predicated on what it is possible for us to do and on what we choose to do. These ideas of personality need not refer to some great past
universe or some long vanished higher civilization; they are the manifestations of daily existence, of humdrum past lives that struggled in
the ways they knew how, either conscious or unconscious, fortunate or unfortunate. We are engraved in our being with the past. It is on
the proportions of our face, in the manner of our speech, in the way we touch and hold things. These have been built up over countless
generations of existence to the present. Each separate life is so fantastic in terms of its universe that it is bewildering to think of. Because
we are so familiar with existence, we are virtually unimpressed by the miracle of birth and living beings; because we are so focused in the
ego, we tend to belittle life's greatness. Each life, no matter how mundane, perhaps no more glamorous than the existence of a worm, is
in fact great in terms of its total reality. It is tied to an infinity that propels it. It is the realization of the universe's potential as personality
manifest then and there. Our ego has become so familiar with these lives as to almost border on contempt, yet that is but the product of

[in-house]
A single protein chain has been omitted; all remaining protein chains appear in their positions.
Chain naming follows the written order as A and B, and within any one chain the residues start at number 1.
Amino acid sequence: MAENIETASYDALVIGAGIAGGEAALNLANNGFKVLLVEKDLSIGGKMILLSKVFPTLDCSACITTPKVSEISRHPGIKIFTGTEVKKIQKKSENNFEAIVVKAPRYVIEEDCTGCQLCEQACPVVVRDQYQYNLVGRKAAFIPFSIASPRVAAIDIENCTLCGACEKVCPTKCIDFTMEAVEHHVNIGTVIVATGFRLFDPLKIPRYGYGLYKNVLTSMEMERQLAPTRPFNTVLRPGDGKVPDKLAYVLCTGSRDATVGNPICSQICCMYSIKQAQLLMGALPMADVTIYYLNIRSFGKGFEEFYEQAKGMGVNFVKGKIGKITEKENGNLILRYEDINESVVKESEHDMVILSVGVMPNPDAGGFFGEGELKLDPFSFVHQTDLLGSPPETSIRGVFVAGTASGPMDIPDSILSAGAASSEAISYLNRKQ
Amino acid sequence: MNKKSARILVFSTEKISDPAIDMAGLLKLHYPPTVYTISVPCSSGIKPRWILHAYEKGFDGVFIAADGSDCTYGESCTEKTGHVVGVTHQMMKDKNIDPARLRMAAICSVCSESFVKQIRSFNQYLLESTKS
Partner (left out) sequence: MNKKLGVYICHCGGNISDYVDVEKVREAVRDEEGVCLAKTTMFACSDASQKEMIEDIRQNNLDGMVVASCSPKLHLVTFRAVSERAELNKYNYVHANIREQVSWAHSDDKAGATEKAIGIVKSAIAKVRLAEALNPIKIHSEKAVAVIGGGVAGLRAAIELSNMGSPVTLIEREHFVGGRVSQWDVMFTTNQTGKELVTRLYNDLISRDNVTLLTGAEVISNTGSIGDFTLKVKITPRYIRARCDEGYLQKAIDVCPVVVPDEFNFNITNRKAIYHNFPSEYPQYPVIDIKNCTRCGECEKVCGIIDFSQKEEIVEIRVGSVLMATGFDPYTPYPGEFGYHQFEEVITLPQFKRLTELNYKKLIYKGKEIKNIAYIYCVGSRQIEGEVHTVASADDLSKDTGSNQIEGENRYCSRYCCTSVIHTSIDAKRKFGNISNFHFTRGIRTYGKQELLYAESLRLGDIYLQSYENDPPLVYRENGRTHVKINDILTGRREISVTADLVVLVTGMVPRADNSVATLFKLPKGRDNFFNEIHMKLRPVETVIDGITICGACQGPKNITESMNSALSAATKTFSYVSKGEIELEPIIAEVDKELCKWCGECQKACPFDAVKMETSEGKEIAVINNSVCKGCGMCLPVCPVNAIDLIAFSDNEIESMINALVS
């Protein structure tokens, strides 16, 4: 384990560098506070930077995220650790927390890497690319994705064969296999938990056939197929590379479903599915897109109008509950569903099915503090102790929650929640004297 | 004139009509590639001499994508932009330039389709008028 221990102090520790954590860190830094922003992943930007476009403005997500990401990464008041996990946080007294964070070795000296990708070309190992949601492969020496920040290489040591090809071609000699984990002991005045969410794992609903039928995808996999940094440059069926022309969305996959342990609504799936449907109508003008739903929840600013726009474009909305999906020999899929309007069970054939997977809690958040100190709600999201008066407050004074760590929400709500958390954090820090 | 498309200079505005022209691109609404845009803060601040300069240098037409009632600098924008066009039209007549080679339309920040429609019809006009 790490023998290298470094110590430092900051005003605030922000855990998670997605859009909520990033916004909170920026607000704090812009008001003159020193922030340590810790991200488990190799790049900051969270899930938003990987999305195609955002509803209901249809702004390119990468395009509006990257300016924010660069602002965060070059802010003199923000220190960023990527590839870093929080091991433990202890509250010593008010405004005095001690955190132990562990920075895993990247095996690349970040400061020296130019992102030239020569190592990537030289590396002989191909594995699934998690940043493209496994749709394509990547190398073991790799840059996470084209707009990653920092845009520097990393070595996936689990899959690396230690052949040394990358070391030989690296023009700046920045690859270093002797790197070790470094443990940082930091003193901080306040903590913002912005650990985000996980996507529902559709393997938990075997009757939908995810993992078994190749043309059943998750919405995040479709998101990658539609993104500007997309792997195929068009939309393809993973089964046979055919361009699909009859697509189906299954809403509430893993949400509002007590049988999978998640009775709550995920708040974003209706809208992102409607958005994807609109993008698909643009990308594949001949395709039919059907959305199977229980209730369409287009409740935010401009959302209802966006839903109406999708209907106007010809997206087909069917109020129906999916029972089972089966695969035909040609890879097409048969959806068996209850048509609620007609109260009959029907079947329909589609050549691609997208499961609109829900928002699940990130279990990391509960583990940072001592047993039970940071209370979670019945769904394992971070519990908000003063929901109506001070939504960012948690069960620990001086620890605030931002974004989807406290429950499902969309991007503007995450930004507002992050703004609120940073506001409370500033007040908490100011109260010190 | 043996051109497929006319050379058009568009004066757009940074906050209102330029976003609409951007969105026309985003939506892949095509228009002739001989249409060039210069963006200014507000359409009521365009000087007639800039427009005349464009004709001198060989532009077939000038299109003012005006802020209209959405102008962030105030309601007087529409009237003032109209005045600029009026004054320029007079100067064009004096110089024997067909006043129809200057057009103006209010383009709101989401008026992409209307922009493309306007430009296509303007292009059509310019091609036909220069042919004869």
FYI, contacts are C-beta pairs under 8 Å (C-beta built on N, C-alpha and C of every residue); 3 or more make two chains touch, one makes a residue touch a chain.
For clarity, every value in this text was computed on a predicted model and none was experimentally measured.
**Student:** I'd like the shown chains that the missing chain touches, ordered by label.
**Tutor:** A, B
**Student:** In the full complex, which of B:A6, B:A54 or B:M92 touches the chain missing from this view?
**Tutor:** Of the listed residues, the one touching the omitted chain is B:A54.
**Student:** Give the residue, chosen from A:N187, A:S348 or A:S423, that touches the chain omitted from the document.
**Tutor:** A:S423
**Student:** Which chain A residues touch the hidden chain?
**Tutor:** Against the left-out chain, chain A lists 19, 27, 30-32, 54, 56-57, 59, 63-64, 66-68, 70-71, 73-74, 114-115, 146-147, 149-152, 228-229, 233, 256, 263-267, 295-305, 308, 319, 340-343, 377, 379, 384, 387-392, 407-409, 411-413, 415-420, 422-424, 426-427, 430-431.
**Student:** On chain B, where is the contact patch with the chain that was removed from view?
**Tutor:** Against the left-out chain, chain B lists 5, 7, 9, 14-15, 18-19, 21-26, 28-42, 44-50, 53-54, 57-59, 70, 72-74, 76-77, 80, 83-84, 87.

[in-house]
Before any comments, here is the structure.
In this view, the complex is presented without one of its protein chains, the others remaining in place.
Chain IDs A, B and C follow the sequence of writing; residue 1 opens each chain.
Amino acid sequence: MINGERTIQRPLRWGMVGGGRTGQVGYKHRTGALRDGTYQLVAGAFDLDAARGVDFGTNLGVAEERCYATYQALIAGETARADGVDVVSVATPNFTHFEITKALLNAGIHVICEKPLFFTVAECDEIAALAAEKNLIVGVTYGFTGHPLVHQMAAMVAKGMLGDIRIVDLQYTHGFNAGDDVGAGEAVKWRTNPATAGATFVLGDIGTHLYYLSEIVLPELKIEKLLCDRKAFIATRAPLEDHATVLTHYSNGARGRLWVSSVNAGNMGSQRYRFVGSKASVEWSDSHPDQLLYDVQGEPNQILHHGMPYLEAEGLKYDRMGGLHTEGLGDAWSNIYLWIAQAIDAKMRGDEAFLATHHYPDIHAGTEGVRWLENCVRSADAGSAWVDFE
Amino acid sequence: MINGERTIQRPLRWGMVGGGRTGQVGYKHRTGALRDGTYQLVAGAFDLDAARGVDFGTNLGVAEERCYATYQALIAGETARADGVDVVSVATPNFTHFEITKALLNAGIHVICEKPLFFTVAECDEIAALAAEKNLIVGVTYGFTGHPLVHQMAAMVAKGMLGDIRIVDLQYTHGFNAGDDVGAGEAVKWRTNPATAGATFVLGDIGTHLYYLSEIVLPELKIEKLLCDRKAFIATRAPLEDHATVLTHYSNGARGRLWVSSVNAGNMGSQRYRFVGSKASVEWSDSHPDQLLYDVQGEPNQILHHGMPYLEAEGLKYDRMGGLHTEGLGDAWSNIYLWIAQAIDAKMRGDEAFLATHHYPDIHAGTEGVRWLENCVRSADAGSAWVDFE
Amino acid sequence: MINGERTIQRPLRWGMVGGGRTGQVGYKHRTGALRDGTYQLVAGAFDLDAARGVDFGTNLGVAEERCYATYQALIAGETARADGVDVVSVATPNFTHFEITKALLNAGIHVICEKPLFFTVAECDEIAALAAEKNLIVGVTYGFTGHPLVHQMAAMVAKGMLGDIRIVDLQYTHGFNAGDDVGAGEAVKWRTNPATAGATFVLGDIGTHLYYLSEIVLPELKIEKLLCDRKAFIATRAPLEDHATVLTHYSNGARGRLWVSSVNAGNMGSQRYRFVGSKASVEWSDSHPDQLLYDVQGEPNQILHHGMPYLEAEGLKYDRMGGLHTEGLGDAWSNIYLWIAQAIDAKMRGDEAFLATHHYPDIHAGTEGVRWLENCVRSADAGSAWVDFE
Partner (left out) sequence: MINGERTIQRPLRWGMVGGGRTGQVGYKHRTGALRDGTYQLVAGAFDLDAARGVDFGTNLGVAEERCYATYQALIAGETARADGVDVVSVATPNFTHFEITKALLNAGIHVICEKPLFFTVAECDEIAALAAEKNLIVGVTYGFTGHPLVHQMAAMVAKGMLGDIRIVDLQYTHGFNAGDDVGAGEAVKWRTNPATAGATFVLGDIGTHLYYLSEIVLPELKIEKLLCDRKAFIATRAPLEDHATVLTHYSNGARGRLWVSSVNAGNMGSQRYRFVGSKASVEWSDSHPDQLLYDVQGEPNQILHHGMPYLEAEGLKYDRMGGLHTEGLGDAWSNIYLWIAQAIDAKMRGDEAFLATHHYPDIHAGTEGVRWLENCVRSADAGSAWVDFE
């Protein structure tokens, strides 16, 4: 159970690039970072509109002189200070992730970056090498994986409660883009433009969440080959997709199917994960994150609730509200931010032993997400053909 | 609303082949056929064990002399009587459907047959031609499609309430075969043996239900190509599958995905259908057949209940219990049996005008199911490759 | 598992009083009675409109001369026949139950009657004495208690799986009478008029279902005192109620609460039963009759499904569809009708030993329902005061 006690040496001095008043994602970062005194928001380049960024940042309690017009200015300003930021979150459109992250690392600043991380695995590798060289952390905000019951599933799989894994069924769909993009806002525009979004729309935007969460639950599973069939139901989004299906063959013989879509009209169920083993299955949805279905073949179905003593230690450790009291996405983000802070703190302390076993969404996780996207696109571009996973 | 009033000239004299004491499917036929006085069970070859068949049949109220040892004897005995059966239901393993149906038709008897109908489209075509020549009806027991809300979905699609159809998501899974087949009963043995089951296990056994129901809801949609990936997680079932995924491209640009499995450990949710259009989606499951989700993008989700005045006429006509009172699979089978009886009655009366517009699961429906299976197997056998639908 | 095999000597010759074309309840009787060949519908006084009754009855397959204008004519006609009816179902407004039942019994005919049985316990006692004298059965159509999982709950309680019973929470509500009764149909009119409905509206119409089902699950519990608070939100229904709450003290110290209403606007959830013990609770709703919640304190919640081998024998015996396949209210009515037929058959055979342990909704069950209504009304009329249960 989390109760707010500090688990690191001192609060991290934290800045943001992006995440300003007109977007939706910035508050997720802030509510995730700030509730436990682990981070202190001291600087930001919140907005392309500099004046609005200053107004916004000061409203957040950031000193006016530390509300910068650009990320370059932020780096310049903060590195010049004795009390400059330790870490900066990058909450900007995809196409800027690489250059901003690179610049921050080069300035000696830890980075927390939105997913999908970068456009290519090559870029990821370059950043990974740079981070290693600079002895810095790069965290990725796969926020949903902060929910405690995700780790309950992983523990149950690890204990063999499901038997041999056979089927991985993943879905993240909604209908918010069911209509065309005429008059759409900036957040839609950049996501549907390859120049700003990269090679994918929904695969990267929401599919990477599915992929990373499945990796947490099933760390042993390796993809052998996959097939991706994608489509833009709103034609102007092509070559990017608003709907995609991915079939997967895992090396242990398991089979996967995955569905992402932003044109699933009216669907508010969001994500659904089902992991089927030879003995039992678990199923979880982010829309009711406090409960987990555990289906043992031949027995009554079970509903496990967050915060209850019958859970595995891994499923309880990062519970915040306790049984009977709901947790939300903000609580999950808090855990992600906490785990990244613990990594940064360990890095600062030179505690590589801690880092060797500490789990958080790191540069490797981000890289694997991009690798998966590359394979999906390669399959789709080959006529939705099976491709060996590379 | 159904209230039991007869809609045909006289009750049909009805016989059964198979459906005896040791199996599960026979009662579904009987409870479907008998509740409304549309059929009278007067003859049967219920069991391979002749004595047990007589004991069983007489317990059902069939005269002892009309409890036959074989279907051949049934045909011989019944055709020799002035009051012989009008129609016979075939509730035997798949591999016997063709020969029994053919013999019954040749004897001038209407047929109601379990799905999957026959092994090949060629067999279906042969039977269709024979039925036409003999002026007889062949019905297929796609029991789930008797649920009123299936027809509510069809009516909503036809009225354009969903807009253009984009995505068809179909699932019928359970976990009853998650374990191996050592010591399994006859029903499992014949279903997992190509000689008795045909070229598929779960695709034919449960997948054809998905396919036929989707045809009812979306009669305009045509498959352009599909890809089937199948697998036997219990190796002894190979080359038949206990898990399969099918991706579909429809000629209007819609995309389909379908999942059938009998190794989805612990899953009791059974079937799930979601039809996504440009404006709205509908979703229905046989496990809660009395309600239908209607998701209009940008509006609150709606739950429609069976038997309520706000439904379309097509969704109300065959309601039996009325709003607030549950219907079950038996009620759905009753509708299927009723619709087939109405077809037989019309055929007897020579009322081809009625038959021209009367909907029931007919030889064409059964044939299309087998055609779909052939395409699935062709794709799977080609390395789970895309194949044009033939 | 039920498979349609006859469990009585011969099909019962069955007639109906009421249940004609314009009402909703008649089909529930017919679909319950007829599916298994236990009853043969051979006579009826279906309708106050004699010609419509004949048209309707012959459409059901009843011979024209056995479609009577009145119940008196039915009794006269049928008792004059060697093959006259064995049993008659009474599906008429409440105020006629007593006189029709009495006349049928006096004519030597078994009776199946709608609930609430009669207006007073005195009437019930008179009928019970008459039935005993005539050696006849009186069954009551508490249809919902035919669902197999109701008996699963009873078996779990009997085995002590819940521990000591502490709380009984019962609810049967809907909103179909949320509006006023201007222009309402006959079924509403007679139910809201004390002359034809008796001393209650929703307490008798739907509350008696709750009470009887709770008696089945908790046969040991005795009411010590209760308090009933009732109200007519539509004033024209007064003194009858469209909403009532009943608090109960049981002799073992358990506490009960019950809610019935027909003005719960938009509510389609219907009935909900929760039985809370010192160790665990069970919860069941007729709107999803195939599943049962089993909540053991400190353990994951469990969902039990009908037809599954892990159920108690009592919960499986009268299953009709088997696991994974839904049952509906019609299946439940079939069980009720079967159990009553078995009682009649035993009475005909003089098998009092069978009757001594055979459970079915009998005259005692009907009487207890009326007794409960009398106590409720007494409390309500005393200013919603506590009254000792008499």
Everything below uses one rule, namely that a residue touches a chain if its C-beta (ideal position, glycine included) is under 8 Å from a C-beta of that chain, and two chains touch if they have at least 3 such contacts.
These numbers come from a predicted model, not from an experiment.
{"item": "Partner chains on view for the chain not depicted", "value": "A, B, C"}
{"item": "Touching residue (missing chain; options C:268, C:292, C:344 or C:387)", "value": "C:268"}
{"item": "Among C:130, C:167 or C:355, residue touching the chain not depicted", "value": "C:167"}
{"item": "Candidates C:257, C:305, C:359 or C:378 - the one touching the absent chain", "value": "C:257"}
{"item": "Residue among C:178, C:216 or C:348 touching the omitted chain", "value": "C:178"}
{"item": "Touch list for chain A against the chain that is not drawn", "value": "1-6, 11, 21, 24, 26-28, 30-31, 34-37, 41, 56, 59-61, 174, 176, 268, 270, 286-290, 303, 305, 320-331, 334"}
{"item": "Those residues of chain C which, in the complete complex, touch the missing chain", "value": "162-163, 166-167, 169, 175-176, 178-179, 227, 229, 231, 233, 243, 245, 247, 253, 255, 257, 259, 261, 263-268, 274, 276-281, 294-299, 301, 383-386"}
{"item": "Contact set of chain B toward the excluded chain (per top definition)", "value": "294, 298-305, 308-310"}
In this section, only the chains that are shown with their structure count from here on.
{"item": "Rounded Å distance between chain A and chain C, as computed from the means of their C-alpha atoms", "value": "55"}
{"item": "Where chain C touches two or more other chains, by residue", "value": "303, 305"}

its narrow focus. For each human being there exists a vast network of existence, for each deed there is a vast energy at work to bring
about that deed, and for each birth there is a vast framework of existences that had already laid the ground for Creation's potential in the
making. There is the magic of our birth and existence, for in it is the miracle of a universe's realized potential in a living being's life span.
In us humans, the living miracle of being is further heightened by our ego's power of consciousness. How we choose within a life span
reflects how we are working to materialize that potential into reality. It is how we remember our past lives. Into this we are born.

We do not remember how we chose our space in time, nor how we were chosen because of our space and time. In past lives we had
realized what were our potentials, energized those parts of reality in contact with our being, and then we died when that energy ran out.
It was a process repeated innumerable times; it is perpetually repeated by all living things; it was repeated by each one of us to the point
of our ego dropping its consciousness of it. We are virtually numbed by our past existences, which is how the ego came into being. In the
quiet of eternal re-incarnations we became powerful as "I!" in "I am". In each successive life time we filled the vacuum left by us by our
previous existence and occupied that vacuum with our new being. The genetic code, the space-in-time requirements, the adjacent
personalities that would be with us, were already all programmed into our appearance on Earth. The energy necessary to once again